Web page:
In Svbterranean’s Album Dissections, artists break down the construction and/or lyrical themes of their records track by track.
Back in late September, Louisiana alternative/progressive rock outfit Ambassador released their debut full-length, Belly of the Whale. To gain further insight into creation of their infectious debut, we invited the band to participate in our Album Dissections to breakdown the album track by track. Check out what they had to say below.
Lending itself as the opener, Empress has a palatable sound and is one of the more up-tempo songs. It was the first single released pretty early on, and gives an even taste of what’s to come. The song starts with a chunky call to attention, leading into an ambient and discordant sadness layered over a driving rhythm that stays present through most of the song. The groove is eventually lathered with harmonizing guitars and a driving low end. The layers lead to a threshold where the march accelerates to finality. Lyrically, the speaker is a primitive representative of a lower socio-economic status, and is on a march toward the ‘Empress’ who is the judge and ruler though reflects an attractive feminine energy. There is clearly a siege on the ruling class. A recurring theme of dangerous yearning for the feminine archetype is also introduced.
Ledges is sexual, loose, dark and bluesy. It has an epic roundness and is ever changing. The guitars weave fuzz textures in and out against a palette of edge of breakup tones that come together to form unified, harmonizing leads. The lyrics deal with elements of infatuation, rejection and escape on the part of the feminine archetype, while the speaker seems to reflect selfishness and acceptance of blame in an unapologetic and passively malicious way. There is a subtle sarcasm in the words ‘she’s over it.’ It is repetitious in driving the feelings of desperation and defeat; ending in an almost 80’s metal palm-muted breaking point.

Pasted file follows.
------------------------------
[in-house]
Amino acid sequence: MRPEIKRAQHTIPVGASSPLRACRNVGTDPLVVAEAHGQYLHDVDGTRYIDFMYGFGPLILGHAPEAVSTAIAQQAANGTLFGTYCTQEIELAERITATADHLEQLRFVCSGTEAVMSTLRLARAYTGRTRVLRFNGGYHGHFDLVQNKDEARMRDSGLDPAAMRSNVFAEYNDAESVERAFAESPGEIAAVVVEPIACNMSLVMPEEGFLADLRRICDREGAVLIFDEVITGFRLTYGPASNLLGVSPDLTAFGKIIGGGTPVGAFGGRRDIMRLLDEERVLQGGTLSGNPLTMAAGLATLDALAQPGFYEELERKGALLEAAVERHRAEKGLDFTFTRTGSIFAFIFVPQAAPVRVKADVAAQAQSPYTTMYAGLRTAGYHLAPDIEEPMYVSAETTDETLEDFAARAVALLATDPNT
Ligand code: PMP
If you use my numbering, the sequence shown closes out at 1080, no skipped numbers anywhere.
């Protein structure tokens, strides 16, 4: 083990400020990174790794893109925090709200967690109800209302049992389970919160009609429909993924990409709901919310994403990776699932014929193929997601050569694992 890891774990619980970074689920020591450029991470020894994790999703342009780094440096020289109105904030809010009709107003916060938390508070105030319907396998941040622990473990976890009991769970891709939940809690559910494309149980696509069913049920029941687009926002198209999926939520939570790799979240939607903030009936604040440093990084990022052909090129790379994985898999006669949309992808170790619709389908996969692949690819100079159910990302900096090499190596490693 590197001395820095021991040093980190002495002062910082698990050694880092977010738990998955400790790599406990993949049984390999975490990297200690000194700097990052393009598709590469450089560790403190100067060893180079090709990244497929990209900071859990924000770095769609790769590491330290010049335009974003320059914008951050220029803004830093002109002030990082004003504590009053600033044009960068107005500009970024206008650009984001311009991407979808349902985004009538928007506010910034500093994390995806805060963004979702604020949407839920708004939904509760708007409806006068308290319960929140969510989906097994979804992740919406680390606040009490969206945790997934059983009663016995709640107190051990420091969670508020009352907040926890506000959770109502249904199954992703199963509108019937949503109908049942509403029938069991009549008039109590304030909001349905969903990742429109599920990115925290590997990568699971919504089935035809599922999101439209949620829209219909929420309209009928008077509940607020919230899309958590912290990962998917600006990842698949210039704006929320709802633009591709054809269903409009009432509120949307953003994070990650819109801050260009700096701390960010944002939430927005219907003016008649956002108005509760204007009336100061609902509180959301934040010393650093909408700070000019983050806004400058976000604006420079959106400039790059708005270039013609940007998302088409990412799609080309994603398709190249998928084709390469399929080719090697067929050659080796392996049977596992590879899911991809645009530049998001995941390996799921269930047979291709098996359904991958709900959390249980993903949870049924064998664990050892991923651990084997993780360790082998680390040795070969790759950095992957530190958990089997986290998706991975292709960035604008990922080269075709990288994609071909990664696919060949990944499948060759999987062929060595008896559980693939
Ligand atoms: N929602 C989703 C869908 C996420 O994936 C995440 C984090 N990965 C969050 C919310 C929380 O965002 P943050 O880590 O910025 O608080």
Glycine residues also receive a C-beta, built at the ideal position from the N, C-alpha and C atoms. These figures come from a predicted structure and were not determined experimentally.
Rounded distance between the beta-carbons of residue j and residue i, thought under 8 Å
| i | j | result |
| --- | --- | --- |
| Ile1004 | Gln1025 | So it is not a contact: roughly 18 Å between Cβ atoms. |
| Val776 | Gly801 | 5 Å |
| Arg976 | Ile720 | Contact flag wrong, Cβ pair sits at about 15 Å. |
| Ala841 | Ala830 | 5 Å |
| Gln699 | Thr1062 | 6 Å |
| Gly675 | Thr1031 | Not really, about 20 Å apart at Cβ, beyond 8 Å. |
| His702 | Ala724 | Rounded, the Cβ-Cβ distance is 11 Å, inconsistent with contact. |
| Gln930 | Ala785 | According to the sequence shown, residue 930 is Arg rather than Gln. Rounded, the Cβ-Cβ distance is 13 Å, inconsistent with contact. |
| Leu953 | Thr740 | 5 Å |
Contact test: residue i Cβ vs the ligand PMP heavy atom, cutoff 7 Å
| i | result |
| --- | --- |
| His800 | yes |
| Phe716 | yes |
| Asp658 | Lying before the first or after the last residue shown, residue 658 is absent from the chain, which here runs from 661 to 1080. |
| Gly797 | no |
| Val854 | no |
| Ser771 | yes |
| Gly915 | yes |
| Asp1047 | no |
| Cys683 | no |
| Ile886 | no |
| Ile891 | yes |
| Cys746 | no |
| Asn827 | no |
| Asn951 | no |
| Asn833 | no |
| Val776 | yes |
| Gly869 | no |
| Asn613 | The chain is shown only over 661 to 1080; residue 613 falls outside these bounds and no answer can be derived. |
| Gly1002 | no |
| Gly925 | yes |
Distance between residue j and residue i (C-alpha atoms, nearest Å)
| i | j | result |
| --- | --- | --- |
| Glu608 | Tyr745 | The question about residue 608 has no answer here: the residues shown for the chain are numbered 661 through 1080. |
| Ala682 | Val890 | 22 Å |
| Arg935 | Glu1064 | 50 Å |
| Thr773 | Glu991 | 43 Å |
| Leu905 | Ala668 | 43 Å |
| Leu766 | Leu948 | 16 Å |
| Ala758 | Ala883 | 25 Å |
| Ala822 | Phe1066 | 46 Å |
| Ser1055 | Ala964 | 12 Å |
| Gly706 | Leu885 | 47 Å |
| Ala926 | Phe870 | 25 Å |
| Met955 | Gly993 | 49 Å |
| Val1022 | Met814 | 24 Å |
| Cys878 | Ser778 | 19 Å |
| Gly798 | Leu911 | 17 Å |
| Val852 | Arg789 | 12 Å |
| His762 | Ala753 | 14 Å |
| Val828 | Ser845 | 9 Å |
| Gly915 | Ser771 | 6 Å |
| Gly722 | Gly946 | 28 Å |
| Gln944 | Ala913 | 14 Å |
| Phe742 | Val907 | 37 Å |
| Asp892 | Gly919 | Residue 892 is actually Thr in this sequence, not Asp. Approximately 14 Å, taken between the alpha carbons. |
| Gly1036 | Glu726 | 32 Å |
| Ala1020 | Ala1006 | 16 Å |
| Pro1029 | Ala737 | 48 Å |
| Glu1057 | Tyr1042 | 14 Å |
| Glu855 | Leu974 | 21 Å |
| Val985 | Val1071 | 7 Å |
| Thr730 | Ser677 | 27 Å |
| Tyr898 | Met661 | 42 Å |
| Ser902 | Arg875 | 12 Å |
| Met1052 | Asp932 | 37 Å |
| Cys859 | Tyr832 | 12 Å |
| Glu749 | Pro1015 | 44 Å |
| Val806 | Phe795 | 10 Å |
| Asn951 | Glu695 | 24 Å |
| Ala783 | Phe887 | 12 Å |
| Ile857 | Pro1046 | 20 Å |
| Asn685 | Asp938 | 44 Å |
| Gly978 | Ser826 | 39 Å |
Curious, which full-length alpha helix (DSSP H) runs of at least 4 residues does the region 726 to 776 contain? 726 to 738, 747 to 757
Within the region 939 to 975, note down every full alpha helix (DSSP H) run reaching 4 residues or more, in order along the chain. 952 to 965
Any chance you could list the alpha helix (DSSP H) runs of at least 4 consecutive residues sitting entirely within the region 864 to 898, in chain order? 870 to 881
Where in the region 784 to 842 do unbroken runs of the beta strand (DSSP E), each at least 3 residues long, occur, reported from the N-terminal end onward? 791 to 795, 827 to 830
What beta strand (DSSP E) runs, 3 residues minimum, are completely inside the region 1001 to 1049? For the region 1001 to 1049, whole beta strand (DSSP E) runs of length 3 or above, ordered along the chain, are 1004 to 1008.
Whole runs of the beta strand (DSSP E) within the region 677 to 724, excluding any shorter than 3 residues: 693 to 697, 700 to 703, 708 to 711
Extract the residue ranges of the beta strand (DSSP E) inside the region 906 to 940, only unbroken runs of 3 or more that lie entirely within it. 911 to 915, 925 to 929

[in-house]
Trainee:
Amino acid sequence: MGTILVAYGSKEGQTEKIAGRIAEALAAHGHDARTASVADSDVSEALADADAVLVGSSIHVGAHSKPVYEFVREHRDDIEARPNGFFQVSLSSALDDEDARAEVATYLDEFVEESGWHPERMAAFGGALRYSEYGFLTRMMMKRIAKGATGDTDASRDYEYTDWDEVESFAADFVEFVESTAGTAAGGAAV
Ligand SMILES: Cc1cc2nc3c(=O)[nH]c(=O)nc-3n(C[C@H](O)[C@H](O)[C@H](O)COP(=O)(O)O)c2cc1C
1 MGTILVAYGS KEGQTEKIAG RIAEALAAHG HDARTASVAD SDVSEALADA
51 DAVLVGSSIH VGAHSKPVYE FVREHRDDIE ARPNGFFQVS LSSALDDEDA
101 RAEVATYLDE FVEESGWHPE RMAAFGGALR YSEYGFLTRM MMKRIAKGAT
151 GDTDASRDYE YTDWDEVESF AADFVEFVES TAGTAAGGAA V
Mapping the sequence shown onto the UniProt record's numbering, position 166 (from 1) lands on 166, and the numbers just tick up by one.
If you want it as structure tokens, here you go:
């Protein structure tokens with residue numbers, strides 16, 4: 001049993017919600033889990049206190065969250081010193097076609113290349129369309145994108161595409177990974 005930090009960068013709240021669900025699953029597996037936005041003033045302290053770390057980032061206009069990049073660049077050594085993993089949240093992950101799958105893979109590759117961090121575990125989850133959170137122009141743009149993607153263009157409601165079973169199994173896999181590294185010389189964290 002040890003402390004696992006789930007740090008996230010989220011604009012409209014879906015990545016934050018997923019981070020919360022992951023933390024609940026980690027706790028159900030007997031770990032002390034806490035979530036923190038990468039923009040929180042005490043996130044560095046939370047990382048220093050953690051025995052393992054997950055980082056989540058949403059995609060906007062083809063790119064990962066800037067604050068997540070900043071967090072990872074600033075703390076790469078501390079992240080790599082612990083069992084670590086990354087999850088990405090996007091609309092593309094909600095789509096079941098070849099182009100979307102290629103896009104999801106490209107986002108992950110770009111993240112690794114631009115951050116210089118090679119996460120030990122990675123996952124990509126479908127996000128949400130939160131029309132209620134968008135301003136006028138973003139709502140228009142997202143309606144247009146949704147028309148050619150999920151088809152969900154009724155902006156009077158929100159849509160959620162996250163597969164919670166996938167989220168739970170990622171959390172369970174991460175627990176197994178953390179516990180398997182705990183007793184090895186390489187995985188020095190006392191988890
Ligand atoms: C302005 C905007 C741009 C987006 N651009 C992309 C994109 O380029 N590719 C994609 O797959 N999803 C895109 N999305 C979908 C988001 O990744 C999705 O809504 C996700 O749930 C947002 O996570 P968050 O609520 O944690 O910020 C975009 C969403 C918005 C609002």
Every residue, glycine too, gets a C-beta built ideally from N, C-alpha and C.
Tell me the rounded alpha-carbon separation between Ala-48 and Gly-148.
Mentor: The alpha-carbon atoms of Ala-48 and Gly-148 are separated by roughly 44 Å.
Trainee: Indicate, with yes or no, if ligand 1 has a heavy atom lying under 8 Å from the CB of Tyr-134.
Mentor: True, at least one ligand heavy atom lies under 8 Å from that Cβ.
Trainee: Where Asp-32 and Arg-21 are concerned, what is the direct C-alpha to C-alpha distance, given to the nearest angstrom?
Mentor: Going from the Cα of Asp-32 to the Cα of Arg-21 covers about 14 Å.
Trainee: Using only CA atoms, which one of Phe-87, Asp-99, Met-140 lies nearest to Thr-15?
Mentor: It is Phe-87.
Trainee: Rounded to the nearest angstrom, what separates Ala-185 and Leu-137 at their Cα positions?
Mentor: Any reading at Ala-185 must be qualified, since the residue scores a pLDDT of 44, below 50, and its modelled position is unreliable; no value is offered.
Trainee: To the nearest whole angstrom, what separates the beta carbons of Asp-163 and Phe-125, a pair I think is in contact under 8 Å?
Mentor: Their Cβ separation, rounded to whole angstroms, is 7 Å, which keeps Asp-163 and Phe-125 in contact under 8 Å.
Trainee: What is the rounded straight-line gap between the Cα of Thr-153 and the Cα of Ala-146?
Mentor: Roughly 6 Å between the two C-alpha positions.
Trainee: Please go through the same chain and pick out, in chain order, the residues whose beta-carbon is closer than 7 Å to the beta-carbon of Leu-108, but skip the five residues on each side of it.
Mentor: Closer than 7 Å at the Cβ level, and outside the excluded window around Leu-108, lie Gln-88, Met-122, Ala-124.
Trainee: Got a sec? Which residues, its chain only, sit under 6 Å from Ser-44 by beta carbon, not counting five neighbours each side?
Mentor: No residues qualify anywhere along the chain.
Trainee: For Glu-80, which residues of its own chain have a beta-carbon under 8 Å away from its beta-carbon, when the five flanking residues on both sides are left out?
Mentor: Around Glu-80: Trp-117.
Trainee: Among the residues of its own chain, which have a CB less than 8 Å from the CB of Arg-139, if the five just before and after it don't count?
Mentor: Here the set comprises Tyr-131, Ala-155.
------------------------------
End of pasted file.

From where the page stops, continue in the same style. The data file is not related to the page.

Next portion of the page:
Sea of Galilee
The lyrical theme of Sea of Galilee is based on a highly attractive and deceptive spirit or priestess that emits a charming almost musical ray of light; tempting a feeling of home in its embrace. Dancing in this warm ambient light, the guitar tells a parallel story. There is hope in the licks, like being young again. The music believes the promise of home, and is mesmerized, gazing toward this attractive being. The choruses drip of grunge, like a trip back home. A syncopated rhythm is present throughout the verses providing tension over smooth bass lines that drive toward resolution where the guitars and the vocalist combine to provide the triumphant emotion this track yields to the listener. This is a favorite song of the band because of its dynamics and groove. It doesn’t immediately catch you, but we feel it is one of the best from a writing standpoint.
This is really the true beginning of Belly of the Whale as a separate intro. Harmonics set the essence of the guitar, while the bass hints at the upcoming melody. It originated as an on stage tuning expedition. During the recording phase a reverb drenched lead reminiscent of “Disintegration” was added.
Belly of the Whale